I'm doing a homework on Decision Trees, and one of the questions I have to answer is "Why are estimators built out of trees biased, and how does bagging help reduce their variance?".
Now, I know that overfitted models tend to have really low bias, because they try to fit all the data points. And, I had a script in Python that fitted a tree to some dataset (with a single feature. It was just a sinusoid, with some off points, picture below). So, I wondered "well, if I reeeeally overfit the data, can I get the bias to zero?". And, it turned out that, even with a depth of 10000, there are still some points through which the curve doesn't pass.
I tried searching for why, but I couldn't really find an explanation. I'm guessing that there may be some trees that would perfectly go through all the points, and that the ones I got were just "bad luck". Or that maybe a different dataset could've given me an unbiased result (maybe a perfect sinusoid?). Or even that, maybe the cuts made at the beginning made it impossible for further cuts to fully separate all the points.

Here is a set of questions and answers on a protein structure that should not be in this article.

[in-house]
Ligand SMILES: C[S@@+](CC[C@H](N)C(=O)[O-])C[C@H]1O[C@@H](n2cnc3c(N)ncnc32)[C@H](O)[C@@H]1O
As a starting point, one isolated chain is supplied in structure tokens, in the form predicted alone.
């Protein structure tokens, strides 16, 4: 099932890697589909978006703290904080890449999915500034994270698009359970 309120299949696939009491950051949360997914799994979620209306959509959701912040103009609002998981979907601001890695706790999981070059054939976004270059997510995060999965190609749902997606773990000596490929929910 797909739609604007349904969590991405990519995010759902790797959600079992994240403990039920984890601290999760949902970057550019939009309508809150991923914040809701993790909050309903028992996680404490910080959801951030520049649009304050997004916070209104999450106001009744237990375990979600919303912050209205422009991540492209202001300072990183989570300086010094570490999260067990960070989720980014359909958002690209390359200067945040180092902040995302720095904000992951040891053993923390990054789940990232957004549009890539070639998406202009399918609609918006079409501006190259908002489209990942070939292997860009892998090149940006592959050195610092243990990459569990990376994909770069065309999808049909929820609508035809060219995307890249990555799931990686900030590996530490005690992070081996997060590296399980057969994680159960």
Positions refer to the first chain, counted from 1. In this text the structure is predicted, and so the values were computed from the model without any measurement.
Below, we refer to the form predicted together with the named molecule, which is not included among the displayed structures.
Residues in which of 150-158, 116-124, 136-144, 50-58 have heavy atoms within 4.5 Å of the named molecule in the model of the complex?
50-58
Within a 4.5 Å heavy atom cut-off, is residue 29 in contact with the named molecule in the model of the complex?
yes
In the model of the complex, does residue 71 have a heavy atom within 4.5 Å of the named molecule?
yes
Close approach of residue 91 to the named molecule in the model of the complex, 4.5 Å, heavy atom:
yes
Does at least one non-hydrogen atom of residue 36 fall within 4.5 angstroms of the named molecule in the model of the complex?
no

So, taking into consideration this dataset (since it might be different for others), my question is: is it possible to overfit a tree to the point where the bias goes to zero, or is there always gonna be some bias, even if really small? And if there's always at least some bias, why does that happen?
P.S. I don't know if it might be relevant, but I used the
sklearn to fit the model to the data.